Edit: my fault. I mistranscribed the clue. It actually reads ‘When asked to enumerate requisites wanted at first, list a turbine’ and Sidey explains it at comment number one.
6 Subdeacon initially tense over a new Church position
A charade of S for the first letter of ‘subdeacon’ and T for ‘tense’ over (since it’s a down clue) A, N and CE. Good surface.
9 Good idea finally to overlay both sides with flowers
I only saw how this worked when I was writing up the blog. It’s G for ‘good’, A for the last letter of ‘idea’, on top of RL for ‘both sides’ and AND for ‘with’.
13 Apprehension seen in US as misplaced
(SEEN IN US AS)* ‘Misplaced’ is the anagrind.
16 Father and son have to be told
18 To help sober up, this is provided after drunken sprees?
A charade of (SPREES)* and SO. SO and ‘this’ have equivalence in sentences like ‘It’s so important’ and ‘It’s this important’, which is why Raich has put the this in italics. I think.
19 27, reserved, entertaining Irish and the French
The third colleen. An insertion of IR for ‘Irish’ and LE for a French definite article in SHY for ‘reserved’.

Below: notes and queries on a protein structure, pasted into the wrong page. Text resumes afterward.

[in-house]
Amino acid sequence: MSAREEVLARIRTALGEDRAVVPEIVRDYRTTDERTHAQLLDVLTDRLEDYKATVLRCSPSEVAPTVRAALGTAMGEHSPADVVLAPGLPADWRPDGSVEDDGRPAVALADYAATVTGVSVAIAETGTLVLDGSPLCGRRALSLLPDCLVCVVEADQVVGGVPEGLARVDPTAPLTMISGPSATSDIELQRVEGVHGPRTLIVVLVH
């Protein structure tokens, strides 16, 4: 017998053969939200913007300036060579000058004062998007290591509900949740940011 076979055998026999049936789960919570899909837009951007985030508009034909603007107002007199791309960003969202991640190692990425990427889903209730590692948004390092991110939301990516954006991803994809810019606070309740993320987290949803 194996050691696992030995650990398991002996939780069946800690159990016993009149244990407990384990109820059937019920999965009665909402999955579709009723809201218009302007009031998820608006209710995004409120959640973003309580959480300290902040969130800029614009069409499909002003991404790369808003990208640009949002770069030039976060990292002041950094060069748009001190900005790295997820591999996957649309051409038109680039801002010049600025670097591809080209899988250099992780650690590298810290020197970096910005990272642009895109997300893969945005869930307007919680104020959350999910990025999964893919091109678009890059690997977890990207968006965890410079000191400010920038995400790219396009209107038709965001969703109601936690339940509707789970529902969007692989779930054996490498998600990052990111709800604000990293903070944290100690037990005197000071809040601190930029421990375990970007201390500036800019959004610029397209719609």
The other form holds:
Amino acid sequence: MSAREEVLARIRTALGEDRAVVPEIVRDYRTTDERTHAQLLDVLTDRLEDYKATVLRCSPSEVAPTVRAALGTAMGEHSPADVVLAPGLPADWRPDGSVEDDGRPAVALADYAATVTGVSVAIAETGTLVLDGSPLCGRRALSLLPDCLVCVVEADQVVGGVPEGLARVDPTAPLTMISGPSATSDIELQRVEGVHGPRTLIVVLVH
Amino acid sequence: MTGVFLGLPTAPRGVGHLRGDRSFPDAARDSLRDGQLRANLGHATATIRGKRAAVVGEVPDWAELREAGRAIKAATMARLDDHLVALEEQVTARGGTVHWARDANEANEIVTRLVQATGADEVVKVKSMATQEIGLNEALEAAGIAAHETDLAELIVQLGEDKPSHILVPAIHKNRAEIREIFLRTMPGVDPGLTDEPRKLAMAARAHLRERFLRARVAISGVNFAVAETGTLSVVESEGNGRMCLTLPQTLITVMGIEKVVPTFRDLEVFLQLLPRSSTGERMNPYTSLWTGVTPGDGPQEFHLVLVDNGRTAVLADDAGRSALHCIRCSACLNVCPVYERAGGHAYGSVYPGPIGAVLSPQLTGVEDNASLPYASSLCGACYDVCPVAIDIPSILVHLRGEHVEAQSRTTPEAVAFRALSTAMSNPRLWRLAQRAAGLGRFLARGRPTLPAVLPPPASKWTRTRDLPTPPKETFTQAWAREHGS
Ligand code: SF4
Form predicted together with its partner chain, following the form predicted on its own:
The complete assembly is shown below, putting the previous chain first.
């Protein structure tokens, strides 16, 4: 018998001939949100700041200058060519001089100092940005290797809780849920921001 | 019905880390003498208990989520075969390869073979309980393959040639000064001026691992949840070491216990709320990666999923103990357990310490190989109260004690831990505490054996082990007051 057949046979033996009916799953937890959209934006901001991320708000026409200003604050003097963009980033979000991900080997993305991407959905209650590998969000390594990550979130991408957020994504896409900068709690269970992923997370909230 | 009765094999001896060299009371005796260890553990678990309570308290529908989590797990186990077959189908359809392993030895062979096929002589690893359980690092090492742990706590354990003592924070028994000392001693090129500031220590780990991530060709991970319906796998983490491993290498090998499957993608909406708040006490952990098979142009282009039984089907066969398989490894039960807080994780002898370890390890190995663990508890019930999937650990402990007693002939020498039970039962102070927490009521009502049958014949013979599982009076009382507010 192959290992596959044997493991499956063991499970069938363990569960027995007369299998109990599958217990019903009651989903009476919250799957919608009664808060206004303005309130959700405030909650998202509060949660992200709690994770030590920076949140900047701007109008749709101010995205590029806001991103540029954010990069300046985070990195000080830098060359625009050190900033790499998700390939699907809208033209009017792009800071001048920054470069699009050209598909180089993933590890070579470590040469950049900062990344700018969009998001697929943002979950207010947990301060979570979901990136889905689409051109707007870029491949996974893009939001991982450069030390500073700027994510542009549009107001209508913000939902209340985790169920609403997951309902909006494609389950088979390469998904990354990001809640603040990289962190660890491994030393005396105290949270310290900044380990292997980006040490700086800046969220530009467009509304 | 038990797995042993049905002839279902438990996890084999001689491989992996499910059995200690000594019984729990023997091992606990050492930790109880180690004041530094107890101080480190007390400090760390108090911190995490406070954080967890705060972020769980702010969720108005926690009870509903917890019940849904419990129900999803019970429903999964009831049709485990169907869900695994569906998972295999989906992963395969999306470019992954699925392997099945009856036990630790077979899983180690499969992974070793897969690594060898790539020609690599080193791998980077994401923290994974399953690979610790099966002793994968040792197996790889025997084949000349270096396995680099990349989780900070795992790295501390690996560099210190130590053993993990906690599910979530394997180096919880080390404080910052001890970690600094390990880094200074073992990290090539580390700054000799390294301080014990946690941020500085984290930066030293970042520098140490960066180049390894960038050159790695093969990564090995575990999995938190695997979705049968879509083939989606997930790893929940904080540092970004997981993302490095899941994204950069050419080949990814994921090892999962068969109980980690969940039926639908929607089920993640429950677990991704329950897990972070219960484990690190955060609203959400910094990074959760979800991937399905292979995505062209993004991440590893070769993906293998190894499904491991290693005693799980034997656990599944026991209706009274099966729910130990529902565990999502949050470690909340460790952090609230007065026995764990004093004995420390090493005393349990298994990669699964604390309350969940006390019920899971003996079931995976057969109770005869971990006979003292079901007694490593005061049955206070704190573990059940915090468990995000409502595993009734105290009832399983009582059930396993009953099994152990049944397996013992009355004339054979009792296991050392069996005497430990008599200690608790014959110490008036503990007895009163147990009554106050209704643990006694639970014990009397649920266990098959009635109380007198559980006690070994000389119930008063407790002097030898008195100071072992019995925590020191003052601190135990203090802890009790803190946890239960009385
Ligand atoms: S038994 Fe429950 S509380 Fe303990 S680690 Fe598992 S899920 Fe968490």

20 Athlete’s accommodating a writer from America
An insertion of A in MILER for a runner. Norman Mailer, the American author who was married six times and had nine children, but found time in between to write.
22 Met up over detailed request in place of worship
This was one of my ‘has to be that but why?’ clues. I eventually worked out that it’s a reversal of ‘met’, TEM, over PLE[A], which is a request that’s been de-tailed (like the trio of visually-impaired rodents).
24 School class, it’s taken by QC
A charade of S for ‘school’ and ILK for ‘class’. Some object to the use of ‘of that ilk’ for ‘of that class’, because its original meaning referred to Scottish families and estates; but its general use is now very well established.
A roast dinner, a glass or two of red and a puzzle from Raich. That’ll do me for a Sunday afternoon. Thank you to the setter.